Normally, when an individual buys a lawn mower the motivation is strictly utilitarian. But for the small and growing group of motor sports enthusiasts that make up the U.S. Lawn Mower Racing Association (USLMRA), how well a lawn mower cuts grass is irrelevant. Using aliases such as Sodzilla, Lawn Ranger, Yankee Clipper and Mr. Mow It All, these men and women are gathering at festivals, fairs and tracks around the country to race their mowers, sometimes achieving speeds that would warrant a ticket on the Interstate. Giving new meaning to the term “grassroots sport,” the following is an inside look at the weed-like growth of lawn mower racing.
On a picture-perfect Saturday in July upwards of 50 racers descended on the Greene County Fair in Catskill, New York, to participate in the STA-BIL Hudson Valley Regional—one of 15 officially sanctioned USLMRA events being held this year. Most of the competitors arrived in pickup trucks, towing shiny mowers on flatbeds or in trailers. As race time approached, drivers and mechanics tinkered with their machines, making final adjustments before venturing out on the grass track.
According to Kendall Stanley, local race director of the Catskill event, the participants typically gravitate towards lawn mower racing because it's a lot less expensive than team motor sports. “Everybody would love to be driving the #24 in NASCAR [Jeff Gordon] but this is something that literally everybody can do. You can take the machine that you mowed with yesterday and go race it,” he says.
In order to make the sport accessible the USLMRA conducts races in six different classes, allowing everything from garden-variety mowers to experimental hot-rods that cover ground like a speeding car. The association's overriding requirement is that the mower must originally have been designed and sold commercially to mow residential lawns. “No matter what you do to the machine you should be able to look at it and recognize it as a lawn mower,” says Stanley.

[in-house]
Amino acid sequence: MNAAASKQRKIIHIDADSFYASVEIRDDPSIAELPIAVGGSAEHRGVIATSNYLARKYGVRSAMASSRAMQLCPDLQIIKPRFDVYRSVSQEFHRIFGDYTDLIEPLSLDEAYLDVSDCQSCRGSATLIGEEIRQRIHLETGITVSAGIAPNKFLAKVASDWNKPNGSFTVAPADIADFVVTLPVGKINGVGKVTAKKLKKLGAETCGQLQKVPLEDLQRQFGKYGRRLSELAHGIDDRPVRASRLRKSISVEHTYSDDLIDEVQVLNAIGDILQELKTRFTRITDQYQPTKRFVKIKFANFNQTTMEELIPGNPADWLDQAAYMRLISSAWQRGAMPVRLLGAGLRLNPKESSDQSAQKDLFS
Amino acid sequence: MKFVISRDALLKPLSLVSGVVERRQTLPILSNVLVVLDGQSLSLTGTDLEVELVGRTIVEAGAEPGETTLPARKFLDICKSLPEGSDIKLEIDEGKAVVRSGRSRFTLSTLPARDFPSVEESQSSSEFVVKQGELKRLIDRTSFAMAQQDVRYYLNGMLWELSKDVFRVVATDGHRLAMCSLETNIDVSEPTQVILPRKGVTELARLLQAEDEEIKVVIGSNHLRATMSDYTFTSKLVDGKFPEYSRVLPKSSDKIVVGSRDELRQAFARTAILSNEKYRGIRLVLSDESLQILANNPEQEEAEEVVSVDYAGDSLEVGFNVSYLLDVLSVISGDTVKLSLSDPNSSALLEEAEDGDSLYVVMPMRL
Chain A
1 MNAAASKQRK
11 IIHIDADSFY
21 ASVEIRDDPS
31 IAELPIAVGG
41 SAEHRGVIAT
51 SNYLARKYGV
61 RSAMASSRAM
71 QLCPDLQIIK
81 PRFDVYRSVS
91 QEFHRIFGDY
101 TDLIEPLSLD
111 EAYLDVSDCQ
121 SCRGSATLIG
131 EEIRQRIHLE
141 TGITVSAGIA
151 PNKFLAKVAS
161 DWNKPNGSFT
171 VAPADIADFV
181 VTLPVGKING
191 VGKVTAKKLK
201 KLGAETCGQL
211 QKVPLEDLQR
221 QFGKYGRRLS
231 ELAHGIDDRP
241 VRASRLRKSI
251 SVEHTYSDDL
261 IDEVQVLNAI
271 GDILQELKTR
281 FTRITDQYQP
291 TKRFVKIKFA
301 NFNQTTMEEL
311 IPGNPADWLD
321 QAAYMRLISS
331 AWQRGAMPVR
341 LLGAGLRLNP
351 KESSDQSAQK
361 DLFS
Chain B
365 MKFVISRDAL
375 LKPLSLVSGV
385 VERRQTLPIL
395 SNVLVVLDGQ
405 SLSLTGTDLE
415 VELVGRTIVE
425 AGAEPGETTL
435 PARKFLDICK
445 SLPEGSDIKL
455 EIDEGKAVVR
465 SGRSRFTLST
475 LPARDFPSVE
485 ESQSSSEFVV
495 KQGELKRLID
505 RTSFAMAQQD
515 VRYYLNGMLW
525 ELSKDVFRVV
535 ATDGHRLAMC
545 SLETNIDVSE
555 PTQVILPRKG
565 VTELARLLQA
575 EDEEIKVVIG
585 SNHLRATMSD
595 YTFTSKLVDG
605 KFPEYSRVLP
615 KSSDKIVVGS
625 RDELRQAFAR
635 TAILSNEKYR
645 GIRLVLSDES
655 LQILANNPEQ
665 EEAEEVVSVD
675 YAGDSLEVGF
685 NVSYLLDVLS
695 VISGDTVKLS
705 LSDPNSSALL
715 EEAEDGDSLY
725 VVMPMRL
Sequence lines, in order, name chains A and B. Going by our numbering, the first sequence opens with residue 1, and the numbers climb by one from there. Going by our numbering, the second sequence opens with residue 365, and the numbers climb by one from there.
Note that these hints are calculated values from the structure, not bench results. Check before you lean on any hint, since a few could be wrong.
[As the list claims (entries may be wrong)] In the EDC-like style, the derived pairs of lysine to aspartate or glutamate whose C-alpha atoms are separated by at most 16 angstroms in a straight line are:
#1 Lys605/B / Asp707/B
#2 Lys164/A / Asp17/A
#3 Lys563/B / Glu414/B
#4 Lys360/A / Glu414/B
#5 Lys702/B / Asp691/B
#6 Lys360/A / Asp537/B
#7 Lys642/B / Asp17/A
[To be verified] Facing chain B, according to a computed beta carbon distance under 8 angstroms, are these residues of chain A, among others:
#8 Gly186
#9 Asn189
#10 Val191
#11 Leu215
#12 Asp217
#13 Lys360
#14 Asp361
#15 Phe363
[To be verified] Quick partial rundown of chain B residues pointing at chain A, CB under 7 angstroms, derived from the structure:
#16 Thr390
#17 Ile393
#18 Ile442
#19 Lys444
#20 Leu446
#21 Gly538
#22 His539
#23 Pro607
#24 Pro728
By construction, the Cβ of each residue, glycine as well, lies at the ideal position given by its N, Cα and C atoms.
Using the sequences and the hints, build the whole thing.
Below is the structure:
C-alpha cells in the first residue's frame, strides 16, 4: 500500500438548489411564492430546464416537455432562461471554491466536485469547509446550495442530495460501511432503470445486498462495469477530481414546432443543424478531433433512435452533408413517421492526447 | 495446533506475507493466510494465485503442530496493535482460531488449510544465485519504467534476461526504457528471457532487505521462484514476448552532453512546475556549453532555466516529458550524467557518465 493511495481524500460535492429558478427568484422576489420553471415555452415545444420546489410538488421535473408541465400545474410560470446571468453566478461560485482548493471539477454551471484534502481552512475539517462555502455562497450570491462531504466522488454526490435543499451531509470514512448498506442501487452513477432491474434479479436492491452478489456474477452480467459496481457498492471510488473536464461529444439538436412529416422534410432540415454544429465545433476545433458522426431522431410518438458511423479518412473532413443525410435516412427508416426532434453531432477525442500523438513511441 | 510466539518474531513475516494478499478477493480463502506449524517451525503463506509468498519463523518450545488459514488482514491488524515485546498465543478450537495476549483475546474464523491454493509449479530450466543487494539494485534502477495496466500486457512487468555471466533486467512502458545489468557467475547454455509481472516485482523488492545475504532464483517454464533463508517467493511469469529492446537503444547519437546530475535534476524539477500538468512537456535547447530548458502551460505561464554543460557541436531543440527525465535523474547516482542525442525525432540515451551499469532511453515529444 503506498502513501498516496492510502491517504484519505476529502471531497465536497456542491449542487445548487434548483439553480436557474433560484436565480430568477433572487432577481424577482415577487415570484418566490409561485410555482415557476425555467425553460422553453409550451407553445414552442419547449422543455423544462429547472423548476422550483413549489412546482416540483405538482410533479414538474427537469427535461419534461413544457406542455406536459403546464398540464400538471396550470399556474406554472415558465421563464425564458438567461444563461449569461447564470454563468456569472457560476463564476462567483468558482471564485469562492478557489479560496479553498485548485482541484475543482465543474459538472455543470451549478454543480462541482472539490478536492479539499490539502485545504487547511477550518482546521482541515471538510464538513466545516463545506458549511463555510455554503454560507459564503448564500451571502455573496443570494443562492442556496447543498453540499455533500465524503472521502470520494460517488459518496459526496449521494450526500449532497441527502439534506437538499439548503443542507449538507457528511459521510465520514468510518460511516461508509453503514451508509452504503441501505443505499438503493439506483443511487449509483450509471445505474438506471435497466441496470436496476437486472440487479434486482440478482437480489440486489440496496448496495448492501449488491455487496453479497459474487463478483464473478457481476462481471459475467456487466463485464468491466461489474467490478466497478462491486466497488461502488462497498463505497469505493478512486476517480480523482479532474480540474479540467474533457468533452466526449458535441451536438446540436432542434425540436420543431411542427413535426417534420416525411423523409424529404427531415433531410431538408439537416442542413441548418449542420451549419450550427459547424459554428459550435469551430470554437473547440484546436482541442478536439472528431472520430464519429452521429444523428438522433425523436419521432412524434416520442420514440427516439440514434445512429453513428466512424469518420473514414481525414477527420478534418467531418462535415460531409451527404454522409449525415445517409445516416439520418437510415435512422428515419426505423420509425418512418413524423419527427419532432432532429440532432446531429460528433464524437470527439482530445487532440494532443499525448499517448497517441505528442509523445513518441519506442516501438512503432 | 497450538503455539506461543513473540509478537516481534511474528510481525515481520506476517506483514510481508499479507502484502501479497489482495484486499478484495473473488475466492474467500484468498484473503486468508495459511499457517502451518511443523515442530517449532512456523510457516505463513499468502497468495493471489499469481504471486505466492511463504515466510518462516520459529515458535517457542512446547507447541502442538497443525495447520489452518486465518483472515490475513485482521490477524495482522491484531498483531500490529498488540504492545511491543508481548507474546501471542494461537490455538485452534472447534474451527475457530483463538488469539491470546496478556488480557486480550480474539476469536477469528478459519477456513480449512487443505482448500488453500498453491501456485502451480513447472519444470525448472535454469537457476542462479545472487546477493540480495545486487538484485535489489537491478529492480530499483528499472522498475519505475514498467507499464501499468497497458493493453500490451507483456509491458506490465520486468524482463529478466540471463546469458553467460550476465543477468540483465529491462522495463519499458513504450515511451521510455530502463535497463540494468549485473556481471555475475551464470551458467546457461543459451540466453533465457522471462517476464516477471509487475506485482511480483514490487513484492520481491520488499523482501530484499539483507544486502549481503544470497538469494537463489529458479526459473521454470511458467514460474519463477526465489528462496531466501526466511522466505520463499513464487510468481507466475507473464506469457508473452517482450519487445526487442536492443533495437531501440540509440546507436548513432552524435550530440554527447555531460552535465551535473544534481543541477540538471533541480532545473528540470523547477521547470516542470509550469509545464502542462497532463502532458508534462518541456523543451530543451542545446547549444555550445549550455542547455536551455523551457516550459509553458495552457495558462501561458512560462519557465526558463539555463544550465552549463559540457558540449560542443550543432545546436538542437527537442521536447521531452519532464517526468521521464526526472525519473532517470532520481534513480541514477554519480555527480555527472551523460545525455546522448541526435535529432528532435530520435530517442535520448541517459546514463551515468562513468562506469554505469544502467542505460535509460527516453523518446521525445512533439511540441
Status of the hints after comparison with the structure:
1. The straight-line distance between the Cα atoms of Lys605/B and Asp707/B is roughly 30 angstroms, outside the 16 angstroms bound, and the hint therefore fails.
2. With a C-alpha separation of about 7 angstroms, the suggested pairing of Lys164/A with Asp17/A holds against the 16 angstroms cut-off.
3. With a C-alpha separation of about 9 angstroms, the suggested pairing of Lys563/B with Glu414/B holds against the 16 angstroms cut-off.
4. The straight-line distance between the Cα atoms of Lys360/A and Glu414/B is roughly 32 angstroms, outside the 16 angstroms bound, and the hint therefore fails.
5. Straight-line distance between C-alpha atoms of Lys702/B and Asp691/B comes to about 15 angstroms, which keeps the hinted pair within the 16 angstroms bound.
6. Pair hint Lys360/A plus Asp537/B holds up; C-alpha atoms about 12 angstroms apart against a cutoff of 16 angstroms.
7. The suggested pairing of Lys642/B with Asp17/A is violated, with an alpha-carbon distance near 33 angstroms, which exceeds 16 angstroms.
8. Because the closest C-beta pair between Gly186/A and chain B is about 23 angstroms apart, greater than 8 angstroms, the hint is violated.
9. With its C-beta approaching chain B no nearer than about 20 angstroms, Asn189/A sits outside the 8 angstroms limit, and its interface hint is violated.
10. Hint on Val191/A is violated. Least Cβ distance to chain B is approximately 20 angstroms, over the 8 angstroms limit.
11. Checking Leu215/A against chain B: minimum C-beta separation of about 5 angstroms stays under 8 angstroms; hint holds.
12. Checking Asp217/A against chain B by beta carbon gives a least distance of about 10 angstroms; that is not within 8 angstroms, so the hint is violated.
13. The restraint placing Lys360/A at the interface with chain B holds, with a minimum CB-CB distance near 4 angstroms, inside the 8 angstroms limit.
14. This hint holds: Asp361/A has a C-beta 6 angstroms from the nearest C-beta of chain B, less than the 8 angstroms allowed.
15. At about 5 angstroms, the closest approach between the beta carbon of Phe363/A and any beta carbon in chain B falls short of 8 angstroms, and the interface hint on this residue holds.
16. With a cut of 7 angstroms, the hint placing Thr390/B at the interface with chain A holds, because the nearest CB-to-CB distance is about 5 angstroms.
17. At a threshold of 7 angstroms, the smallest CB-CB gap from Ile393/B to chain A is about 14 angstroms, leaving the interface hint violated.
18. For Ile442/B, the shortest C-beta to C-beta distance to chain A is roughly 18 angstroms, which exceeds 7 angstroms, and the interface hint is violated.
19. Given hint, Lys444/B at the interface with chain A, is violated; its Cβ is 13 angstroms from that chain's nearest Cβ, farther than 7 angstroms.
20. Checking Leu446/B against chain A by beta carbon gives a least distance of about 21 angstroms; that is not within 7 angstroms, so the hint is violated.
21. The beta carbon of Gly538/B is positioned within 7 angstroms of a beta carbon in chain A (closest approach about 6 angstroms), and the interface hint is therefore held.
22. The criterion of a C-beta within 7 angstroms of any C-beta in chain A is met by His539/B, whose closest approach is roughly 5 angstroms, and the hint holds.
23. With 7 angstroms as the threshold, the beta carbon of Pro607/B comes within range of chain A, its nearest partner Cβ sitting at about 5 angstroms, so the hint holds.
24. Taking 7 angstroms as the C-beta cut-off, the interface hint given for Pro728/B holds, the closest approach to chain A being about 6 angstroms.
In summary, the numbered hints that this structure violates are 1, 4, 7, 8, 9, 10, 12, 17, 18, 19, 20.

All Blades Are Off
Not surprisingly, safety is of paramount concern and both man and machine must meet stringent USLMRA safety requirements. For starters, all cutting blades must be removed and each tractor must be equipped with a kill switch that turns off the ignition if the driver leaves his mount. Meanwhile, each competitor must wear an automobile racing or motorcyle helmet, goggles, neck support, long sleeve shirt and pants, full-fingered gloves and over-the-ankle footwear.
Although lawn mower racing might sound tame to the uninitiated the protective gear is a necessity. “People have left to go to the hospital,” says Charles Powell (a.k.a. Mr. Mowjangles), chief steward of the Hudson Valley race and proud owner of three dedicated racing mowers. “The most serious injury I've seen is a broken collarbone,” he says, before admitting to once having suffered that particular injury himself.
Ladies And Gentlemen, Start Your Mowers!
Just prior to the first scheduled heat all racers were called to the track by the emcee: “Ladies and gentlemen, start your mowers!” he announced, the roar of forty-some odd lawn mower engines drowning out the arena rock anthem playing over the P.A. system. Spectators sized up the field during the parade lap as machines of all sizes and colors—most emblazoned with sponsors' names and motto's like “Drive it like you stole it”—circled the track.
The first trials of the day featured the stock and IMOW (International Mower of Weeds) classes, entry-level races where top speeds reach 10 and 20 mph, respectively. For newcomers the attraction of stock and IMOW is the chance to race without investing time and money into your ride. “We have people here who got up this morning, took the blade off, loaded up the mower, came out to race and will be home in time to mow the lawn,” says Mr. Mowjangles.
The slower-paced races also help newcomers get accustomed to the LeMans style starts in which competitors line up their mowers along the left side of the track, but stand opposite their mower on the right side at the start. “When the green flag is waved racers have to physically run across the track, jump on their tractor, engage the disconnect, start the machine and then race. It can be a big factor in the outcome,” says Stanley.
However, most veterans race in the “prepared” classes, where engines and mowers can be modified within pre-set boundaries. In the A/P, S/P, B/P and F/X (Factory Experimental) classes drivers routinely run at 30 - 60 mph and have been known to go much faster. In order to achieve these speeds, machines require considerable modification and a significant financial investment. “There's probably $1,500 in the mower I had out here today,” says Tom Lavalette, who hails from Columbia, Pennsylvania.
According to Cheryl Powell (wife of Mr. Mowjangles) her husband's hobby led them to purchase a new pickup truck, a trailer, and six acres of land with a barn. “The barn—he calls it the Taj Mowhal—has been converted into his shop, and he built a practice track in back of the barn. We've got one son almost through college and could probably put another one through college with the money he's spent,” she says.
The Fast Track